Bluestone River (Alaska)
|District||Nome Census Area|
|Source||Confluence of Gold Run and Right Fork Bluestone River|
|- location||Seward Peninsula|
|- elevation||219 ft (67 m) |
|- location||12 miles (19 km) southeast of Teller|
|- elevation||0 ft (0 m) |
|Length||13 mi (21 km) |
Bluestone River is a waterway located on the Seward Peninsula in the U.S. state of Alaska. A tributary of the Tuksuk Channel from the south, Bluestone is a north-flowing stream situated 11 miles (18 km) southeast of Teller. It was named in 1900 by Edward Chester Barnard, topographer of the United States Geological Survey.
After gold was discovered in the early summer of 1900, mining operations commenced. Gold was mined on Gold Run, Alder Creek (a Gold Run tributary), and on Bering Creek (a Right Fork tributary), while the Bluestone Placer Mine was established 15 miles (24 km) south of the U.S. government's Teller Reindeer Station, which had been in operation for about eight years. Settlements sprung up near and on Port Clarence, the larger being Teller, which, by autumn 1900, had a post office and a population of about 1,000. The Bluestone placer mines were located about 18 miles (29 km) from Teller with the trail between the two characterized as uphill, covered with moss, and "very poor walking for both man and beast". A second settlement on Port Clarence, Bering City, afforded ships closer proximity to the shore and was only 12 miles (19 km) from the Bluestone mines, but had only a fifth of the population of Teller, which was 5 miles (8.0 km) to the north.
Placer mining operations have been noted at several locations in the river since 1969.
The headwaters of the Bluestone River form in a valley, where it drains the region between Grantley Harbor and the Bering Sea, an area known as the Bluestone region. The drainage is situated between the Kigluaik Mountains and Port Clarence. The area contains flat-topped hills. For about 10 miles (16 km) above the river's mouth, Bluestone traverses a rolling plateau with an elevation of 400–600 feet (120–180 m). Here, the river valley is characterized as being broad, with flood plains measuring at least 0.5 miles (0.80 km) in width. Above this section of the river the valley contains a steep-walled canyon noting flat-topped mountains 1,200 feet (370 m) in height. The river's average gradient measures approximately 30 feet (9.1 m) per mile. Where the river valley broadens, it forks instead of expanding into a broad flood plain. The eastern branch, Gold Run, measures approximately 20 miles (32 km) in length (has the settlement at Sulivan ) and has a crooked course, traveling northwest before turning east-west; Alder Creek is an eastern tributary (short length of 2 miles (3.2 km)). The western split is known as Right Fork. It, too, follows a crooked course, traveling westward before turning to the east at the junction with Gold Run; Right Fork also has several tributaries.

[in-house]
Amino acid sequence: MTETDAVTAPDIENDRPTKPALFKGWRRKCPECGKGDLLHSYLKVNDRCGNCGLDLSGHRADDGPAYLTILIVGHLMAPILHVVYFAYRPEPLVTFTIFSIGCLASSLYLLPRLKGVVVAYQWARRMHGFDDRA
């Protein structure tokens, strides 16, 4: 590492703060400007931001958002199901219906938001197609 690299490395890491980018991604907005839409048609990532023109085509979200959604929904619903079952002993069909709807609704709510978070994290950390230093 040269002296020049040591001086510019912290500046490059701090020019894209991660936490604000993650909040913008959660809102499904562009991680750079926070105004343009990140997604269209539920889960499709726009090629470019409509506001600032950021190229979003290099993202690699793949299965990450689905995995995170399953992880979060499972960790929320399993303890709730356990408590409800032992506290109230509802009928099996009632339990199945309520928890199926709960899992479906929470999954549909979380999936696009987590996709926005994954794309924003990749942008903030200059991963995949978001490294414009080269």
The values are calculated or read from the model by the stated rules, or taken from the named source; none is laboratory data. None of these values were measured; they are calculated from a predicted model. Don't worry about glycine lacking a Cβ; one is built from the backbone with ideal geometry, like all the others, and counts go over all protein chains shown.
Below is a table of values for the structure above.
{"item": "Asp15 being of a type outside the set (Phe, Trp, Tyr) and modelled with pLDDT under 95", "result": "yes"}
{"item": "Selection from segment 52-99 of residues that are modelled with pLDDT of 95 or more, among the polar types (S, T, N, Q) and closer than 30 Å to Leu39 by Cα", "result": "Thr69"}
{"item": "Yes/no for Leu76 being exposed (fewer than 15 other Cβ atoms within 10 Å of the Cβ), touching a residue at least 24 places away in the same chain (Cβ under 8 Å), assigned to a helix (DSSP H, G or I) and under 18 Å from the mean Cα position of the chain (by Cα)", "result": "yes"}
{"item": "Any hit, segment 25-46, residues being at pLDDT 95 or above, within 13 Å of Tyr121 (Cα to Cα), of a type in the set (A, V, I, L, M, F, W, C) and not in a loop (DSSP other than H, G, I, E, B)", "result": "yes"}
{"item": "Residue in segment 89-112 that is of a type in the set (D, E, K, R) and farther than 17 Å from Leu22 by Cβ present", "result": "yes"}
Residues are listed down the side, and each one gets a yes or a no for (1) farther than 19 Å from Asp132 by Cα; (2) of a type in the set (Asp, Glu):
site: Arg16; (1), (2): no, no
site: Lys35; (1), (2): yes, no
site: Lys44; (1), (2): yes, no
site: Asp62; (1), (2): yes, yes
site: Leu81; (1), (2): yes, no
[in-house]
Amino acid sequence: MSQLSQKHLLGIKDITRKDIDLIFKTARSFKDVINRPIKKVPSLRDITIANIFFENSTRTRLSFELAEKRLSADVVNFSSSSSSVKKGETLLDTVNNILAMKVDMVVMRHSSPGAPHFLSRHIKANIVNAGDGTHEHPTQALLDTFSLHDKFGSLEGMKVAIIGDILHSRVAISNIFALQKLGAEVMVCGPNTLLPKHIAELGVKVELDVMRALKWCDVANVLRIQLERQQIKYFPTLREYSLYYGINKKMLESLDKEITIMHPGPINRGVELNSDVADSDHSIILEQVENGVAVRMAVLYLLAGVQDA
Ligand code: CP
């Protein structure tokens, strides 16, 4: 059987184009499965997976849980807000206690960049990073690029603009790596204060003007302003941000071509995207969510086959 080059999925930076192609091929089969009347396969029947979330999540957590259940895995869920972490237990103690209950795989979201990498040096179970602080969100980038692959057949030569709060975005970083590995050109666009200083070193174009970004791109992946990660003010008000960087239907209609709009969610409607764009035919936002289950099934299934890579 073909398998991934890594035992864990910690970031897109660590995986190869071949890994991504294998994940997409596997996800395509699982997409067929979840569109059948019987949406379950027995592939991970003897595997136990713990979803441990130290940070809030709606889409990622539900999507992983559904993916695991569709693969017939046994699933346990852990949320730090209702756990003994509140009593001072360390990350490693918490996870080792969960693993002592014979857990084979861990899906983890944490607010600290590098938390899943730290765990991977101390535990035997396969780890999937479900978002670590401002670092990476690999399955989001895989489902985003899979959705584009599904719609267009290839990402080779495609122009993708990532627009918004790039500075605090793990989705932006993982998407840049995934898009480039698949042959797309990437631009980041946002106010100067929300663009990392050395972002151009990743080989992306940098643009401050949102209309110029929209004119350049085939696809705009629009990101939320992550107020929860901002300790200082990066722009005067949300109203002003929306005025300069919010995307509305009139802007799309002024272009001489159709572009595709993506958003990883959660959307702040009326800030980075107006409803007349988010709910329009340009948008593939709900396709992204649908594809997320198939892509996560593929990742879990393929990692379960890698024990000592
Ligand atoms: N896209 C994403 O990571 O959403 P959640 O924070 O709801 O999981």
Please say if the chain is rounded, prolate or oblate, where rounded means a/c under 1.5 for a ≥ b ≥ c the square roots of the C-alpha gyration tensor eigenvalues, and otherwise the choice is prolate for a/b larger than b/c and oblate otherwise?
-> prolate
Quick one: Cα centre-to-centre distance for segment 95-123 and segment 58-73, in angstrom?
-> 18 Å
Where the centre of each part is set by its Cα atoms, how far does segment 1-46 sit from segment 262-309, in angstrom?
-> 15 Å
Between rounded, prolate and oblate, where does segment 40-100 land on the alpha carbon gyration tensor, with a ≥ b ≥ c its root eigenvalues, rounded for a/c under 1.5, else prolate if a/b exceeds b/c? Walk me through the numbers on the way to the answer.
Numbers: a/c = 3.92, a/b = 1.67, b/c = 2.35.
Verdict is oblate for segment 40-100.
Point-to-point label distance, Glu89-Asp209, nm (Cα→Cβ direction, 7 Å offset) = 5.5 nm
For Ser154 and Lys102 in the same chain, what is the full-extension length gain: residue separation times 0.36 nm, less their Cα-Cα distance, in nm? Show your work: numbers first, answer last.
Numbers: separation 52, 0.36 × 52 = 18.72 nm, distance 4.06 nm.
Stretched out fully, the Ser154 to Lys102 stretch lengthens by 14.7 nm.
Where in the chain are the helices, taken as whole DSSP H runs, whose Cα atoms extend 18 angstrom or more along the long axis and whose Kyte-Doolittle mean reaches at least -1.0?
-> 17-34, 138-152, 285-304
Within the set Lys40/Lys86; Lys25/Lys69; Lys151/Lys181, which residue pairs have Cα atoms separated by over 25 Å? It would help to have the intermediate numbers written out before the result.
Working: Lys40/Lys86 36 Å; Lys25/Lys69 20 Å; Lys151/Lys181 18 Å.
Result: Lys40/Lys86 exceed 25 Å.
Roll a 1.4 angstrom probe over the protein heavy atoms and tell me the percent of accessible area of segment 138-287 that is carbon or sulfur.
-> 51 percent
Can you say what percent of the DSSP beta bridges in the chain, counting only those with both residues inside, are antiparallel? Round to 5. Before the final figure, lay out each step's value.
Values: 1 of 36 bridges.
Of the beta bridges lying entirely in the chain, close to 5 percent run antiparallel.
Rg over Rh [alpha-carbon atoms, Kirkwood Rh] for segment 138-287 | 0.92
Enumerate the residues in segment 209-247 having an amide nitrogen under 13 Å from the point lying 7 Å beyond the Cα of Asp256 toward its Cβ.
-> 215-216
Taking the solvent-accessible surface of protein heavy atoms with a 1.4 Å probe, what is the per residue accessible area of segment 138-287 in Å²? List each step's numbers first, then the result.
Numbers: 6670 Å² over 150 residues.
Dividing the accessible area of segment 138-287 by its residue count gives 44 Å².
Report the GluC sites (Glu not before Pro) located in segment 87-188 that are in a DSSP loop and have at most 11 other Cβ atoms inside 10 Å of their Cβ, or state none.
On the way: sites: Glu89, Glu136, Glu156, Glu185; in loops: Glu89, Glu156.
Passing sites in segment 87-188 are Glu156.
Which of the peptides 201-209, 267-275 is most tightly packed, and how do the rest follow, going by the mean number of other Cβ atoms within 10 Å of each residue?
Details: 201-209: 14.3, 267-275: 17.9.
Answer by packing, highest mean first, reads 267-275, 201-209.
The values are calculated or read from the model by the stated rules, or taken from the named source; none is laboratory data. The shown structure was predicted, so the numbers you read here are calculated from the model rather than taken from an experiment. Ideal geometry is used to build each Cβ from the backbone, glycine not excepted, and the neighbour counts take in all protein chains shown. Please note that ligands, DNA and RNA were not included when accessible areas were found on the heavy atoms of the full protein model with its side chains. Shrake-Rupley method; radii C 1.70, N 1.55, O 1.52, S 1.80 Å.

The geological formations recorded in the river basin consist generally of a metapelitic sequence. Mafic intrusives have been noted in the locally metamorphosed zones. The Bluestone basin features mica and chlorite schists, beds of limestone, intrusive mafic masses altered to greenstone, and small quartz veins, particularly in the Gold Run Creek, a southern and eastern tributary of the Bluestone River. In some areas, minerals recorded are blueschist facies and retrograde greenschist facies. The geological age of these formations is conjectured as Paleozoic. Gold found on benches and in the main drainage was reported to be fine grained material and some nuggets were also recovered. The gold–bearing gravels were found to have cinnabar and platinum-group metals. Gold was also found in a tributary mining location on Skookum Creek.
- Derived by entering source coordinates in Google Earth.
- "Bluestone River". Geographic Names Information System. United States Geological Survey. March 31, 1981. Retrieved 22 September 2013.
- Schweitzer, Peter. "Bluestone River". U.S. Geological Survey. Retrieved 17 August 2013.
- Baker 1906, p. 139–.
- "Community Profile: Teller". PBS. Retrieved 18 August 2013.
- U.S. Geological Survey, Brooks & Collier 1901, p. 68.
- "Bluestone River Mine, Port Clarence District, Nome Borough, Alaska, USA". Mineral Data Organization. Retrieved 17 August 2013.
- U.S. Geological Survey, Brooks & Collier 1901, p. 54.
- Paige & Knopf 1907, p. 273–.
- Paige & Knopf 1907, p. 275.
- Paige & Knopf 1907, p. 279.
- Paige & Knopf 1907, pp. 273–275.
- Paige & Knopf 1907, p. 274–.
- Baker, Marcus (1906). Geographic dictionary of Alaska (Public domain ed.). Government Printing Office.
- Paige, Sidney; Knopf, Adolph (1907). Geologic Reconnaissance in the Matanuska and Talkeetna Basins, Alaska (Public domain ed.). U.S. Government Printing Office.
- U.S. Geological Survey; Brooks, Alfred Hulse; Collier, Arthur James; Walter Curran Mendenhall; George Burr Richardson (1901). Reconnaissances in the Cape Nome and Norton Bay regions, Alaska, in 1900 (Public domain ed.). Government Printing Office.